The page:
Manufacturers from John Deere to Rolls Royce now make ever larger chunks of revenue from servicing the machinery they sell rather than the machinery itself. It’s a shift that brings to mind Clayton Christensen’s famous ‘jobs to be done’. Companies are no longer focusing purely on selling kit, but instead are helping their customers do the job they need doing as effectively as possible.
Nowhere is this more prevalent than in servicing, where a particular emphasis is given to ensuring the machinery is operational for as long as possible. Indeed, 25% of manufacturing companies’ total revenues and 50% of their operating margins come from after-sale service—the service delivered after the initial sale of the product.
This transition is underpinned by predictive analytics that is increasingly capable of monitoring the health of equipment and predicting when it might be about to fail.
Whilst such a future is undoubtedly tantalizing, there remain a number of weakspots in such a transition. One of these is ensuring that service technicians are able to get equipment operational as quickly as possible. It’s an unglamorous job that Swedish company Syncron have become experts.
The company, who work with companies such as Hitachi Construction Equipment, Volvo, Deutsche Bahn, JCB, Motor Coach Industries, Morbark, Electrolux and Perkins, reasoned that often a technician would arrive on site with all the skills and knowledge required to make the repair, but without the part to do the job.
Syncron attempt to improve things in three ways. Firstly, they help manufacturers identify any patterns in their repair work. For instance, if the same part needs changing at the same location. The aim here is to help the manufacturer predict when issues may arise in future.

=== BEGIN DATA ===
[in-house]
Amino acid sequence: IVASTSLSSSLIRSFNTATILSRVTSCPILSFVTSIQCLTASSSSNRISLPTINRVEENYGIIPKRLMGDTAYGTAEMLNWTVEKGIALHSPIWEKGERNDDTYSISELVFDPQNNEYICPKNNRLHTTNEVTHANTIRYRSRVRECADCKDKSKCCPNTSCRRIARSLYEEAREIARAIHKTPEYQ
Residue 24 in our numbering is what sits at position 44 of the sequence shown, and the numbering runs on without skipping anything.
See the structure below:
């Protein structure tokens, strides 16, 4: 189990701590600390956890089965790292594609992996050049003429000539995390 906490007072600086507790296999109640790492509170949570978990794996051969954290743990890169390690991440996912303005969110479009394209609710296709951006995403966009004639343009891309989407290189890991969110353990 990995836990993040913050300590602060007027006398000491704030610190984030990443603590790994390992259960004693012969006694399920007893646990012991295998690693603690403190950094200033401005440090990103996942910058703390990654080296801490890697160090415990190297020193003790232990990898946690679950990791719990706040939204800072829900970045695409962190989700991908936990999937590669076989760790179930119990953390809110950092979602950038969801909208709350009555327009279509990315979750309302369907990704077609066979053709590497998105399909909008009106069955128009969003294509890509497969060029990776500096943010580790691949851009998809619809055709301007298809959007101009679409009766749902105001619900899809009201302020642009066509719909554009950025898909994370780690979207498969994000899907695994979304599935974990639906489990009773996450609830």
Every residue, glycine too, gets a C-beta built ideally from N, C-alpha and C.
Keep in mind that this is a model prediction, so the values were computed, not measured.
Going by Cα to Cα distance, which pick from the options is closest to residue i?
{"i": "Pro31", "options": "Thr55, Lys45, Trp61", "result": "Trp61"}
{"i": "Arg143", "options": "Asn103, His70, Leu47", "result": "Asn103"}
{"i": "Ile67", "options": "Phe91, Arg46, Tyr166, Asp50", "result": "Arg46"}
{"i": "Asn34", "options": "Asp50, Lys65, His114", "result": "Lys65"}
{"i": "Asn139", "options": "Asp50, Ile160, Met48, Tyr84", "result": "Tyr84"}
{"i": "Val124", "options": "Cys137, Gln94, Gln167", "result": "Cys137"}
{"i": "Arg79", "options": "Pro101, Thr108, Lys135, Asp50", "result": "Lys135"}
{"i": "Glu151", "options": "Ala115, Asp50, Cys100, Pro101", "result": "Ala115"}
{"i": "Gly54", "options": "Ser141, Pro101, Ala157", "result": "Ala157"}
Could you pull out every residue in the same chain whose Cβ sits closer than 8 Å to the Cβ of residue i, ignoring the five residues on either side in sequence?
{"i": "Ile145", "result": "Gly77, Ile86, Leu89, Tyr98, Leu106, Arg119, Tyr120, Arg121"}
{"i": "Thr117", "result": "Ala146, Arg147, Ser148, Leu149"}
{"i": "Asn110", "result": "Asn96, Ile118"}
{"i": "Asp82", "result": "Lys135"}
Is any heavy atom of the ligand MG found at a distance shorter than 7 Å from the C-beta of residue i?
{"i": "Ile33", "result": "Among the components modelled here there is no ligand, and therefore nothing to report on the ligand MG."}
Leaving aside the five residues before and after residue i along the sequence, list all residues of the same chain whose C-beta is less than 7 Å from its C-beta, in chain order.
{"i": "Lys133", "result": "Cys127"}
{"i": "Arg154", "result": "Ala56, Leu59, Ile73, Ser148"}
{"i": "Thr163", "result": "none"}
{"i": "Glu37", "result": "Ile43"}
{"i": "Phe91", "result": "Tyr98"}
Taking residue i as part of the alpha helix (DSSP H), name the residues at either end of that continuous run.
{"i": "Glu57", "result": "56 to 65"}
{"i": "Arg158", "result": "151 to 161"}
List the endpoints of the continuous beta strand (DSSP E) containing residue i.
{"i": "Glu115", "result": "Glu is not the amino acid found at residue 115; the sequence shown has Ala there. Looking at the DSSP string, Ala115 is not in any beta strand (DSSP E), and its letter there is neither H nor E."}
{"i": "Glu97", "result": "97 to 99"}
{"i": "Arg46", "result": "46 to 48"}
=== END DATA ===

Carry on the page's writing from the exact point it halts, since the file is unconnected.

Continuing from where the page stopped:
The next improvement is in the visit itself. By ensuring that the right parts are in stock, it helps to ensure the time of both technician and customer are not wasted. This is important as the technician is often the most customer facing aspect of the brand, so they need to be seen as a trusted advisor that is capable of providing the support needed, when its needed.
Finally, by ensuring the technician has the right parts to do their job in a single visit, it means they can fit in more visits every day, thus improving their efficiency and effectiveness.
In a partnership with heavy equipment manufacturer JCB, this service optimization resulted in a 7.4% improvement in customer service levels. It’s an improvement that is reflected across their customer base, whether in terms of gross profit improvements or a decrease in inventory levels.
We’ve seen consistent investment by companies in the optimization of large parts of their business, and now it seems that the long overdue investment in service optimization is upon us too.